Correct orientation of the mitotic spindle during cell division is critically important in development as well as in the regulation and maintenance of stem cell populations in tissues. Orienting the spindle in the appropriate plane of division is an active process mediated by membrane-anchored proteins and subject to regulation by mitotic kinases. Molecular motors are thought to act as force generators that both orient and anchor the spindle in the proper plane of division. We have found that depletion of a little studied kinesin family motor, Kif25, in human cells causes misorientation of the mitotic spindle and defects in spindle assembly. We have determined that Kif25 is a C-terminal kinesin motor although the structure and function of this motor are poorly understood. The focus of the current proposal is to test the hypothesis that Kif25 regulates both spindle assembly and orientation by producing force on spindle microtubules from its centrosomal location. Single molecule studies will be used to characterize the microtubule-dependent activity of this novel motor. These experiments will compliment and inform our investigations of Kif25 in live cells where we will use a combination of live and fixed cell imaging to evaluate protein depletions and dominant negative constructs, as well as the identification and characterization of Kif25 interacting partners. Overal this proposal will fully characterize Kif25 function and contribute an important new component to the machinery controlling spindle orientation in mitotic cells.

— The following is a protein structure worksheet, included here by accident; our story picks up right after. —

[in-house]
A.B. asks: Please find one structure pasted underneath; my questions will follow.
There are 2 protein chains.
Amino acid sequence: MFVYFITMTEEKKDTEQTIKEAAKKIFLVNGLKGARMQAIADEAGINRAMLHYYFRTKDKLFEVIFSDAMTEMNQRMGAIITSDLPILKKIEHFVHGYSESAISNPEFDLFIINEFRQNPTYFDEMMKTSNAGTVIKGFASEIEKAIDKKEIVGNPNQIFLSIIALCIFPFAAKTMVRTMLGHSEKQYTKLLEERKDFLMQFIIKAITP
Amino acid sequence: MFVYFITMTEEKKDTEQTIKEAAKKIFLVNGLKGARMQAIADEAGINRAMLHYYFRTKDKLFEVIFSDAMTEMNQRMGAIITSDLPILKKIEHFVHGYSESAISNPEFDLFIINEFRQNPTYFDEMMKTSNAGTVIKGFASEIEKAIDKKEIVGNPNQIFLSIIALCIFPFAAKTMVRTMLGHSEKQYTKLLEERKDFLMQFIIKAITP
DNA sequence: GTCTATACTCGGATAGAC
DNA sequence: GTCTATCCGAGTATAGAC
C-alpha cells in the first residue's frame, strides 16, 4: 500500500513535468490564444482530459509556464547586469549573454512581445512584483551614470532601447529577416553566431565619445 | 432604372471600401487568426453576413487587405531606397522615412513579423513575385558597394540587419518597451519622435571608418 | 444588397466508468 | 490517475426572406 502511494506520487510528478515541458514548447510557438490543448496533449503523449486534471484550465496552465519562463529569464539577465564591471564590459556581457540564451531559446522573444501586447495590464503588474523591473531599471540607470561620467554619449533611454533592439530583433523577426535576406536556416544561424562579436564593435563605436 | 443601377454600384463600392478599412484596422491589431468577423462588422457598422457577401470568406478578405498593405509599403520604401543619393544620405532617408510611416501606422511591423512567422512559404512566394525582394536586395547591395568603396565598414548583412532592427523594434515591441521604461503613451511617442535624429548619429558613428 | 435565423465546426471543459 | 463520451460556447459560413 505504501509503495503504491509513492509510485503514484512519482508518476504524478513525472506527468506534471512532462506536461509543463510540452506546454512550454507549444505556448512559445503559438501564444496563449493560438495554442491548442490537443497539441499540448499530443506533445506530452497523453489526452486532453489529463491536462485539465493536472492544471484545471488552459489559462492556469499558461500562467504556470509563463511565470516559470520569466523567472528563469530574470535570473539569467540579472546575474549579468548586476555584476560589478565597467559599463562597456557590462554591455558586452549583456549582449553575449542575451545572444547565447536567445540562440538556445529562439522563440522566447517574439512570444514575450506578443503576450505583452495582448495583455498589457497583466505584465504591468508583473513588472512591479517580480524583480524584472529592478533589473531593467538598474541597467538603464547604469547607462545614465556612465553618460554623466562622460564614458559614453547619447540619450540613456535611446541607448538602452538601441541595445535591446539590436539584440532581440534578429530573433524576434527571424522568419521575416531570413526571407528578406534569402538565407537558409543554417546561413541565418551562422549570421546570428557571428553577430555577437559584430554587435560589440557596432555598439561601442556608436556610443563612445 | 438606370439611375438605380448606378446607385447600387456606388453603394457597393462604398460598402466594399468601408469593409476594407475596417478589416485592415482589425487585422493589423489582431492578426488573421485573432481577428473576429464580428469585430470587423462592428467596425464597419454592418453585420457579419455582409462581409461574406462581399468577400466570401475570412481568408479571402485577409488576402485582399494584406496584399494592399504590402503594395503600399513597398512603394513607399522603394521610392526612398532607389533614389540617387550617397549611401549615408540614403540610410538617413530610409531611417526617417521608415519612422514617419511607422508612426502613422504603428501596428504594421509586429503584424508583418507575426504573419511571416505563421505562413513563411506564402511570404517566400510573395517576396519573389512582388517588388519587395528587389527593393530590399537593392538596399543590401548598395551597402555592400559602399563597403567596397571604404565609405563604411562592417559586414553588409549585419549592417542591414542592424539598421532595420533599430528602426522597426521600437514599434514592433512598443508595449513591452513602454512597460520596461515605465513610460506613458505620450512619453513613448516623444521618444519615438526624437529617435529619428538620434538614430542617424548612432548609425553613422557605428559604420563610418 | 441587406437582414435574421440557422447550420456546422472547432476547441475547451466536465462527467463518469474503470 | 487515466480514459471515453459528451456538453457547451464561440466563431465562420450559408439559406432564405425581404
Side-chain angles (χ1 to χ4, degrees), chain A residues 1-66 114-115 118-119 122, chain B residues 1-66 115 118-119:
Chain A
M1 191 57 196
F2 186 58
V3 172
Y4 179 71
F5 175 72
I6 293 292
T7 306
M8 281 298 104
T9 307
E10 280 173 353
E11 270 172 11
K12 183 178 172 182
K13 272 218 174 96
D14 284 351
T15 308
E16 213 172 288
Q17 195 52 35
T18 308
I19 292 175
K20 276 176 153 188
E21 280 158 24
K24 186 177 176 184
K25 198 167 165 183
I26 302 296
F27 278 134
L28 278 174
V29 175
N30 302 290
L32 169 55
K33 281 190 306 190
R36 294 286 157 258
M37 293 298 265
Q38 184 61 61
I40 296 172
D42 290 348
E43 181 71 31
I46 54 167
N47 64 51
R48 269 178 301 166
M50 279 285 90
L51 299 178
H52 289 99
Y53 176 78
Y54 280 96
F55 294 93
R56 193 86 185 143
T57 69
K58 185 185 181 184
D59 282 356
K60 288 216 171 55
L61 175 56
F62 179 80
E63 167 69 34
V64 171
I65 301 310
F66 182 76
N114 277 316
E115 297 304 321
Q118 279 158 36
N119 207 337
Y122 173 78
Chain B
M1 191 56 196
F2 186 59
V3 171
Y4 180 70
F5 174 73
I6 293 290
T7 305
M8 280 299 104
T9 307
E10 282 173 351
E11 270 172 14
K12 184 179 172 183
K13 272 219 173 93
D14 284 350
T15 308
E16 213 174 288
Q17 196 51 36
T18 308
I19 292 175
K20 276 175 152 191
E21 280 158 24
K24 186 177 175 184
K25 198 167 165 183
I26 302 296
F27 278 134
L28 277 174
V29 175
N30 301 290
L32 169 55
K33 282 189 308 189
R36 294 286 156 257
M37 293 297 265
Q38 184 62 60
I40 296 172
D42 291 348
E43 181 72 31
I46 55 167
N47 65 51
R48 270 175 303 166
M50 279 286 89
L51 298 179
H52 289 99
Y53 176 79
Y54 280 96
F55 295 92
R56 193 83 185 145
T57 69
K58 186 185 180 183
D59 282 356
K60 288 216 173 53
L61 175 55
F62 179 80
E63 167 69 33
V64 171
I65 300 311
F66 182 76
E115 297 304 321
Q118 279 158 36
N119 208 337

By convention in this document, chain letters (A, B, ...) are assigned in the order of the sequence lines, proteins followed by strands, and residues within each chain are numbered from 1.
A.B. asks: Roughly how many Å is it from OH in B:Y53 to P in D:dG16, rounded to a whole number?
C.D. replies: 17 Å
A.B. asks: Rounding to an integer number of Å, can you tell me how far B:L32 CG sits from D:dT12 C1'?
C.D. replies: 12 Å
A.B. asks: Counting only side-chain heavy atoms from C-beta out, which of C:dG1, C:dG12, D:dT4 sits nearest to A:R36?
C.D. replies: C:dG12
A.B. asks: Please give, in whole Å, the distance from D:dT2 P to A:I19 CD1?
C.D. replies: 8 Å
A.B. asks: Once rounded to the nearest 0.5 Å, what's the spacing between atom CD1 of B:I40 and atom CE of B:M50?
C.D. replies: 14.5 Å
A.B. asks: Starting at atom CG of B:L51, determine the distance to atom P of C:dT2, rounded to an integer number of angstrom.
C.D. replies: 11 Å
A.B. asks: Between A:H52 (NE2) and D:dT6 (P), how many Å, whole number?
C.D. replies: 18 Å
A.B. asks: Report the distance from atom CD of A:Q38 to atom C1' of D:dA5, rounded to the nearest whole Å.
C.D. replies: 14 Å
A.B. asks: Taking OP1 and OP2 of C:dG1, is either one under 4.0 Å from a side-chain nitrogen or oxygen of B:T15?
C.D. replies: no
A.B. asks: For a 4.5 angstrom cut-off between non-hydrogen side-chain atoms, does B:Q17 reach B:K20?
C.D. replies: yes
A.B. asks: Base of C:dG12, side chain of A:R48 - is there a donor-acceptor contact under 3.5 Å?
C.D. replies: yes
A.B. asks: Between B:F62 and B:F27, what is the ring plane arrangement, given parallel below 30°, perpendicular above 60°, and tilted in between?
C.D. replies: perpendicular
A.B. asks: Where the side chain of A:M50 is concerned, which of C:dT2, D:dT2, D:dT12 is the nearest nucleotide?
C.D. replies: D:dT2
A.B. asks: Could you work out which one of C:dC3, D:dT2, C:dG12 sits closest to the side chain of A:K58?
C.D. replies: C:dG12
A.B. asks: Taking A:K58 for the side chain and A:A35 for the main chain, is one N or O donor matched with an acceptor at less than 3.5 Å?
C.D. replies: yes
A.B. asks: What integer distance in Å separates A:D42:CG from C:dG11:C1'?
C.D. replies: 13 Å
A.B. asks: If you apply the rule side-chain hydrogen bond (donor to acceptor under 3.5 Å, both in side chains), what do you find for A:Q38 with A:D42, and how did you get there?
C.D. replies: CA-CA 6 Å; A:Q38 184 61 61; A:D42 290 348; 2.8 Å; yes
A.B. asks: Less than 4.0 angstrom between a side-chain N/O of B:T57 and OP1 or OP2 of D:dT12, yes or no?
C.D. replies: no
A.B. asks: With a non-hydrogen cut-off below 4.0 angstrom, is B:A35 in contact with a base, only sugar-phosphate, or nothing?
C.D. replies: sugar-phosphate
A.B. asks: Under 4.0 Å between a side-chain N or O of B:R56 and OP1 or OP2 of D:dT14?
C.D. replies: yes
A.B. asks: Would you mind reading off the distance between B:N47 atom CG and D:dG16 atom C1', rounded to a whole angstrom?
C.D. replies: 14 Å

Regulation of spindle orientation during mitosis is critically important during both development and the progression of cancer. The novel kinesin Kif25 plays an unknown role in this process, determining its mechanism is likely to shed light on how normal spindle orientation is regulated as well as how alterations could lead to cancer metastasis.